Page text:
Birthing a New Political Perspective on Reproductive Care

by Jennifer Hickey

Katie Darling, a Congressional hopeful from Louisiana, recently released a surprising campaign video that included footage of her giving birth. Darling is certainly not the first candidate to feature her family in a political ad. Candidates often use images of family and home to signal their desirability as “ordinary Joes” who will “put family first.” Yet the raw images of Darling in childbirth are a refreshing display of human vulnerability amidst the usual sea of macho posturing and mudslinging. By centering the transformational moment where life begins, Darling reminds us of our shared humanity and the importance of lawmaking as a mechanism to provide intergenerational resilience. Even more remarkable, she juxtaposes these images of childbirth with a discussion of the importance of access to abortion, sending a powerful message that abortion care is reproductive care; that abortion and family are not antithetical.

She almost got it right. In the ad, she seems to recognize that the state is failing to adequately respond to human vulnerability by not providing resources for education and storm mitigation, two of her three major platform issues. These issues clearly require government intervention and are framed as such. However, lack of quality reproductive healthcare, her third platform issue and arguably the focal point of the ad, is framed as a negative right rather than a problem necessitating government response. She discusses Louisiana’s strict abortion ban using typical liberal minimal-state-intervention language, making the problem seem to be one of government interference rather than inaction. She problematically extends this framing to all reproductive care in a subsequent interview:

“[Pregnancy] is a life-or-death medical condition that needs to be handled in a doctor’s office with a patient and should not be managed by legislators in Washington or in Baton Rouge. It is a private and intimate medical situation and it should be handled that way. Unfortunately, they’ve taken it out of the hands of patients, out of the hands of doctors and put it into the hands of legislators, which is inappropriate and it is an overreach. I wanted to communicate the harm that this kind of legislation causes in an approachable and relatable way by just sharing my story and how it impacts me.”

As I have written previously, reproductive health is absolutely the purview of the state. We can and should expect the state to support the reproduction of society and the creation and maintenance of healthy families. This includes taking affirmative steps to ensure access to quality birthing and abortion care. Darling acknowledges that the state has a general responsibility to provide “access to healthcare,” yet then completely privatizes the matter by asserting that it is overreach for the government to be involved in the relationship between a woman and her doctor. Surely Darling is not advocating that the government abandon women to seek reproductive care alone in a country with a shockingly high maternal mortality rate, a prevalence of obstetric violence, limited access to preferred contraception, and an unjust insurance system that provides quality reproductive care for only a chosen handful. And surely, she appreciates the myriad health and safety regulations that already “interfere” with her relationship with her doctor.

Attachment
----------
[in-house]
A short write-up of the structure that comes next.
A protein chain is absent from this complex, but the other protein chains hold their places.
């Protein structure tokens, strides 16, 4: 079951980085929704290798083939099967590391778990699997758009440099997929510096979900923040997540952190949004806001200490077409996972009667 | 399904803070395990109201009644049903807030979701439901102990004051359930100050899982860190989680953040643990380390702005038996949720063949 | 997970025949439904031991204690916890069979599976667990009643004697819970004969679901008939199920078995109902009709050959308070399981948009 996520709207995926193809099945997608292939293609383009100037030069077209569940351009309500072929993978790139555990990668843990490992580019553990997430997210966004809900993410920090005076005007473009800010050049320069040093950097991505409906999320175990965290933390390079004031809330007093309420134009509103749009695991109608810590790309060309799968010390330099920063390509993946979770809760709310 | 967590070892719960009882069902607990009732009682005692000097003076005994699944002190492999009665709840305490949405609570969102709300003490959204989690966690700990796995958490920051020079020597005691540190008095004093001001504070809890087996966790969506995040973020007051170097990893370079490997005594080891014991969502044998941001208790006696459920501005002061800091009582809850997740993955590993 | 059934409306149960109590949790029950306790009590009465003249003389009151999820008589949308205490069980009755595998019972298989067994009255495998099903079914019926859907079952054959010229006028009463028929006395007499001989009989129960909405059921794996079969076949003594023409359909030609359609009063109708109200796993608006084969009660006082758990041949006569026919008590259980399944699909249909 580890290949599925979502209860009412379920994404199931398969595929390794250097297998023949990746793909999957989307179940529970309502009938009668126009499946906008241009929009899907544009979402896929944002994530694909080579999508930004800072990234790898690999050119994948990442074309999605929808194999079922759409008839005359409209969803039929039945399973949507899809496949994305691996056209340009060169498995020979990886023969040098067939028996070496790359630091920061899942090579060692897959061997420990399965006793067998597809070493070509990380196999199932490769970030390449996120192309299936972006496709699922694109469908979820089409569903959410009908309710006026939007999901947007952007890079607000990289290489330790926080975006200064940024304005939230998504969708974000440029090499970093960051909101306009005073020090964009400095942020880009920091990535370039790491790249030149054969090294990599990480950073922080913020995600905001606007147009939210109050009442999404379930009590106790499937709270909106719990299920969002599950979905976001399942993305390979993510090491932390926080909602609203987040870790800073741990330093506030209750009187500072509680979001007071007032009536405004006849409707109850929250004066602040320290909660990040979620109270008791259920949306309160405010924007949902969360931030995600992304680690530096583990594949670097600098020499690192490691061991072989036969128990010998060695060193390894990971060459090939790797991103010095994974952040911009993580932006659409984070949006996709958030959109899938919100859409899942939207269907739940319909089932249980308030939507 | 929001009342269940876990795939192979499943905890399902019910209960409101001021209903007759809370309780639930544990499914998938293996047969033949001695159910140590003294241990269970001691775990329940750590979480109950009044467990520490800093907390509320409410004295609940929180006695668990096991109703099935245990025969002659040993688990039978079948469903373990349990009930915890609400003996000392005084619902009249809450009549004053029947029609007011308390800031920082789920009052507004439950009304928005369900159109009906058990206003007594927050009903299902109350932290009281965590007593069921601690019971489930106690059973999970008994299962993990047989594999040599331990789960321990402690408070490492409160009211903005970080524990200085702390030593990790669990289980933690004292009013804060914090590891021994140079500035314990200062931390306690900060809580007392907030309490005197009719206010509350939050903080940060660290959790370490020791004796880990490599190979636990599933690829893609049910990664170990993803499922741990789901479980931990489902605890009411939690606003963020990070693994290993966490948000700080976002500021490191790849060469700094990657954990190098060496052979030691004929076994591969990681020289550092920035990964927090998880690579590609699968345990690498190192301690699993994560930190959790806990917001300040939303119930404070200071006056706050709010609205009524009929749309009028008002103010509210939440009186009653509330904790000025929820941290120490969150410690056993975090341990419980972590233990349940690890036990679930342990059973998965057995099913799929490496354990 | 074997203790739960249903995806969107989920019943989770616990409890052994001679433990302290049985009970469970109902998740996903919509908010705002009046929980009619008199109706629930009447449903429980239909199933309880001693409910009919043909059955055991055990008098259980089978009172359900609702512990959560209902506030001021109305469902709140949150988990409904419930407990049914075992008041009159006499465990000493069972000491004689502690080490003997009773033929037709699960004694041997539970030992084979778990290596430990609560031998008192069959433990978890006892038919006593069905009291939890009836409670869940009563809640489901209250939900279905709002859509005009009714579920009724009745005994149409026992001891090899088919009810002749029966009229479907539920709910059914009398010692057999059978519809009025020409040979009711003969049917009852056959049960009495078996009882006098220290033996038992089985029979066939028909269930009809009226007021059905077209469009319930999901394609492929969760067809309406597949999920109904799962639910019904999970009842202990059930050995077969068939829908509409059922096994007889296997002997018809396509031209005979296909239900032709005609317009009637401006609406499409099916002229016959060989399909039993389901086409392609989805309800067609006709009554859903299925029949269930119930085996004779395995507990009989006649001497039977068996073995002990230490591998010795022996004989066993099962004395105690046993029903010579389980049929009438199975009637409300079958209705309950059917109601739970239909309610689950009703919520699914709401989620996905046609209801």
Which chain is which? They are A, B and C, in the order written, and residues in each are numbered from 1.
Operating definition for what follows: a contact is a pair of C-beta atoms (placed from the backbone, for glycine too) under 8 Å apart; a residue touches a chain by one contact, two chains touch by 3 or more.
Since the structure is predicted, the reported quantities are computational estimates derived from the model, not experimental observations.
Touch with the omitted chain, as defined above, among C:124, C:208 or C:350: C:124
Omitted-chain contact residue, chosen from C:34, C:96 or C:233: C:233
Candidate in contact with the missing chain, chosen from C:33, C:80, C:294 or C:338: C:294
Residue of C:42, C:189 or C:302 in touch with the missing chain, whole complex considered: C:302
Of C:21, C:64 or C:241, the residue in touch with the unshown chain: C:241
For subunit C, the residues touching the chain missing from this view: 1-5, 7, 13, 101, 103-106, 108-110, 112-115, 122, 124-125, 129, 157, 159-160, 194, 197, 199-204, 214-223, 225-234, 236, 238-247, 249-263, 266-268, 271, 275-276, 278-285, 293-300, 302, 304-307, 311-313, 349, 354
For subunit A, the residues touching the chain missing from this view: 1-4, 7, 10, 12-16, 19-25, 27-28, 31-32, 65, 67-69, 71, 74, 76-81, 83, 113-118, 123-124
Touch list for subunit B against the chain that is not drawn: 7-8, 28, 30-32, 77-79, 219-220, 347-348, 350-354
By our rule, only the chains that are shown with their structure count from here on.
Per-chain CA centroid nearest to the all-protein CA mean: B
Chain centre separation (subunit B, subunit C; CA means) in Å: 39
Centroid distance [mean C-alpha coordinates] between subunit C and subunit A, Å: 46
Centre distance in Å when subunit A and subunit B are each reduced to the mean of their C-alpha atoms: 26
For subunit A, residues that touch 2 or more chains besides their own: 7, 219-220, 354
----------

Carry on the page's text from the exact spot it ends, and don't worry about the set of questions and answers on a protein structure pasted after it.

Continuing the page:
The problem is not that the state is involved; it is the nature of that involvement. We need to imagine a state that is responsive rather than punitive. We must embrace that possibility and advocate for it. We should not be asking the government to simply step aside and leave reproductive care (including abortion) to the private market. Vulnerability theory demands that we ask more of our state. How can we expect lawmakers to fulfill their obligations if we consistently assert that they should not be involved?

Further, Darling, like so many others, is quick to point out in her ad that she is not a “career politician,” as though that is not the exact career she is seeking. I appreciate the sentiment that fresh perspectives are needed in Washington, but demonizing politicians only furthers neoliberal demands for a non-interventionist state. Ideally, politicians represent our interests and are a vitally important vehicle for mitigating human vulnerability through law and policy. We must focus on breaking down this pervasive and harmful “us and them” divide. She had the opportunity to transcend this rhetoric by pushing beyond the typical “family on the farm” newcomer narrative, but ultimately, she couldn’t break free of the liberal constraints that demand she distance herself from the very state she is trying to serve.

It is not enough for our politicians to aspire only to stop banning abortion. We should expect more from our government than to simply leave us to fulfill the enormous responsibility of reproducing society alone.